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Assortment of 12
elements with polychrome and gold decoration
Pasquale Rubati Factory
Milan, 1770- 1790 circa


Two oval trays 10.62 in x 8.58 in
Two dishes with perforated brim diameter 10.43 in
Eight round dishes diameter 9.37 in

State of conservation:

very good
except for light chips
with color drops at the edges
a greater one in a round dish

This rare set of dishes has great decorative impact and confirms the undisputed artistic ability of Pasquale Rubati’s productions during the period of his greatest success. It also attests to the taste of the great Milanese commissions of the eighteenth century.
Pasquale Rubati, a refined painter, opened his own factory in Milan in 1756, in competition with Felice Clerici, for whom he had worked. Upon his death in 1796, the enterprise continued on for a few years under his son Carlo.

The maiolica assortment has flat-base shapes with a mixtilinear eight-pointed edge which is barely detectable in the round and oval dishes, whereas two other dishes have a flat base and light brim and demonstrate a perforated pattern made with a mold.
The very complex decoration, with small variations in one of the round plates, shows four triangular compartments, joined together by thin festoons in gold, which branch off from the all-round rim with four ornamental motifs in shades of pink: a motif in partridge eye, one with scales, one with triangles and one with a grid. At the center of the composition there is a small bunch of polychrome flowers from which four thin floral elements branch off radially; these are joined to the vertices of the triangular reserves.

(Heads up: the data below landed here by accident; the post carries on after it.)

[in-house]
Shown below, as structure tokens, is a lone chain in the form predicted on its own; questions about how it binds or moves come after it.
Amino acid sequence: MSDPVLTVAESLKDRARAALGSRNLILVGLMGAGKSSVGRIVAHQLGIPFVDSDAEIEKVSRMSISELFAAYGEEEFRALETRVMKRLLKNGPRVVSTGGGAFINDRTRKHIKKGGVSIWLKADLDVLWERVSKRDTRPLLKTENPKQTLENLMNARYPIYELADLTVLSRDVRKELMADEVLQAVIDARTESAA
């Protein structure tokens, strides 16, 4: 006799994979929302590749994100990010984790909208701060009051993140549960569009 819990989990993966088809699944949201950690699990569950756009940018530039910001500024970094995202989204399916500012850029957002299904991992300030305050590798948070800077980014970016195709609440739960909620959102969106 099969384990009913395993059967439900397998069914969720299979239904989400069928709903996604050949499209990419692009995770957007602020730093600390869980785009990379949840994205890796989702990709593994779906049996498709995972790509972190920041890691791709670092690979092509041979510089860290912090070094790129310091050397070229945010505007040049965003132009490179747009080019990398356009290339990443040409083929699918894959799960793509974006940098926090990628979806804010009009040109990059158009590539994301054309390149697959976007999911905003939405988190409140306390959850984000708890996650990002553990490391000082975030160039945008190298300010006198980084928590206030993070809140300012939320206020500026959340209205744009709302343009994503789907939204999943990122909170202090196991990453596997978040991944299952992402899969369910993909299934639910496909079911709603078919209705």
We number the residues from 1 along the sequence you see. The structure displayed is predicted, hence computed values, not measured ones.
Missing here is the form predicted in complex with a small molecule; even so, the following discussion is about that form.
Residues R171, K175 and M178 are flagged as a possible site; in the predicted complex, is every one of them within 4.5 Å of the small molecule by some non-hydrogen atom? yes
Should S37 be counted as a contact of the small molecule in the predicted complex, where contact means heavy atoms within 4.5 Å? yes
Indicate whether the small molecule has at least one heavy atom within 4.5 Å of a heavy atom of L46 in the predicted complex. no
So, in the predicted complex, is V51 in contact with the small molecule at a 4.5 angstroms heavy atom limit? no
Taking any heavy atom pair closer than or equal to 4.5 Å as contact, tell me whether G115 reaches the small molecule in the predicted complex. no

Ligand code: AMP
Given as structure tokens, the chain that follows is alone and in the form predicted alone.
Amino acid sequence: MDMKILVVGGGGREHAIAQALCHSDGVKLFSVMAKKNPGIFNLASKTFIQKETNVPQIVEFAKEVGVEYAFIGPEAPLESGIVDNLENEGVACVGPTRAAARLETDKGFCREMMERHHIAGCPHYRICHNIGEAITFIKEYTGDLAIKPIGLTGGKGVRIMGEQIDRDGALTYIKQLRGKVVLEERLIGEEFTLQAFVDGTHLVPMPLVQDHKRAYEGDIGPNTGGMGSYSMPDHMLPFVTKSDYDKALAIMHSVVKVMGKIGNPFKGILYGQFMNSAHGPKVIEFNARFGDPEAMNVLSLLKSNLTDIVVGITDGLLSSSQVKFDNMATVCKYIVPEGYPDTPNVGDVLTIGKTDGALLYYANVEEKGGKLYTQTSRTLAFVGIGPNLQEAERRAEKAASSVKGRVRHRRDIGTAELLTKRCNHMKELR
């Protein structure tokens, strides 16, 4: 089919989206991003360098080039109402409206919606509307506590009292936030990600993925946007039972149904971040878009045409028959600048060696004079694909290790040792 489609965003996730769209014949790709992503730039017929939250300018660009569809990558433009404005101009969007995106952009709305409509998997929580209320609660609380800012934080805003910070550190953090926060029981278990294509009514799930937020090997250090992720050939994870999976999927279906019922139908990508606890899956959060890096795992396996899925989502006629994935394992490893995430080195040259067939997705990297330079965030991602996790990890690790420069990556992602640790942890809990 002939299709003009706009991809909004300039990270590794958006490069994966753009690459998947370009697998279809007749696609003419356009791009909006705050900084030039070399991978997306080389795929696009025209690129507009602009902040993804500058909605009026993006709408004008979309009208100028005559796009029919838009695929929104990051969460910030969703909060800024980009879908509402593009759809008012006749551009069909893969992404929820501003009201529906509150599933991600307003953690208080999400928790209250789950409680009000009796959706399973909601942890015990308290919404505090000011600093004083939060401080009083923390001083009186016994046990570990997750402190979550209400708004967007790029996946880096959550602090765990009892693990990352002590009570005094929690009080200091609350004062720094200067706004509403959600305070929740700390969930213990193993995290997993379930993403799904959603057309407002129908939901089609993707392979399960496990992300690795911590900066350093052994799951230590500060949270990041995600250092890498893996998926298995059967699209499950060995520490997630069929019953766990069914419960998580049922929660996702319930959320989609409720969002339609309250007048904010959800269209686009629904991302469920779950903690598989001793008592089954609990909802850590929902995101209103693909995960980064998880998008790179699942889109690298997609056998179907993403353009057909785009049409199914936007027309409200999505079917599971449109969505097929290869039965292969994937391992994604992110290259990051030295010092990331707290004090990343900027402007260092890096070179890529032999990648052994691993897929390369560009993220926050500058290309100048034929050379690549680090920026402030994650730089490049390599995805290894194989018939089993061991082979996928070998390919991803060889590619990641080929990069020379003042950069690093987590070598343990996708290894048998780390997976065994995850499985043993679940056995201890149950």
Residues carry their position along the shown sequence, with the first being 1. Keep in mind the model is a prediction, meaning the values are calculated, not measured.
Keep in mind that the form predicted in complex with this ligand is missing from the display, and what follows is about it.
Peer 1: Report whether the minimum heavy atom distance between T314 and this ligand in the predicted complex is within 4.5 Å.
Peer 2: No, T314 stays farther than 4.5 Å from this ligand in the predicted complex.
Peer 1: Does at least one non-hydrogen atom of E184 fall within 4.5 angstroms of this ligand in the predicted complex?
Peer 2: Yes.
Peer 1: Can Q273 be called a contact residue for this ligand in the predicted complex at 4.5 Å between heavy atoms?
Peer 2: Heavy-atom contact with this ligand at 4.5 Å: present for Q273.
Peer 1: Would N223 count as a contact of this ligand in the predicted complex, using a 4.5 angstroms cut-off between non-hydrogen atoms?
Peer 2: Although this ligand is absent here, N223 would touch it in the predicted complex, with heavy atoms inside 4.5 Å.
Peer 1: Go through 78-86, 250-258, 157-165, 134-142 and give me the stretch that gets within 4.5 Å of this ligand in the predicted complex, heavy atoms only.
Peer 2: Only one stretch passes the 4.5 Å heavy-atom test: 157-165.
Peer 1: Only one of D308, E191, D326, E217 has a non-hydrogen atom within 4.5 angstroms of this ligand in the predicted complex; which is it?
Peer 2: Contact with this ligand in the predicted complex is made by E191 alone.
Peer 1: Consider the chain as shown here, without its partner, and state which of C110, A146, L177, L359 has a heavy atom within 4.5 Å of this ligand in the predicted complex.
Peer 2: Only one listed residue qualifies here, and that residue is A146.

All the works, with the exception of one, have a yellowish-green brushstroke on the back and are reflected in a document plate preserved in the collections of the Museum of Applied Arts at the Sforzesco Castle in Milan which bears the initials of the Pasquale Rubati factory in Milan on the back. (Ausenda, R., edited by, Musei e Gallerie di Milano. Museo d’Arti Applicate. Le ceramiche. Second Volume. Milan 2001, pp. 408-409, n. 383, n. 372.)
The maiolica and porcelain productions in the eighteenth century belonged mainly to the great royal families or to the noble families who made the manufacture of ceramic works a cause for prestige. In Milan, under Maria Theresa of Austria, we instead witness a real opening to new entrepreneurs who, by virtue of the privatization granted by the government, took on a real business risk and gave life, not without conflicts between them, to thriving factories and to some of the most elegant and sought after productions at that moment and which are still the object of collecting today.


R. Ausenda, a cura di, Musei e Gallerie di Milano. Museo d’Arti Applicate. Le ceramiche. Tomo secondo. Milano 2001, pp. 408-409, n. 383, n. 372.

Cover Photo: Fabrizio Stipari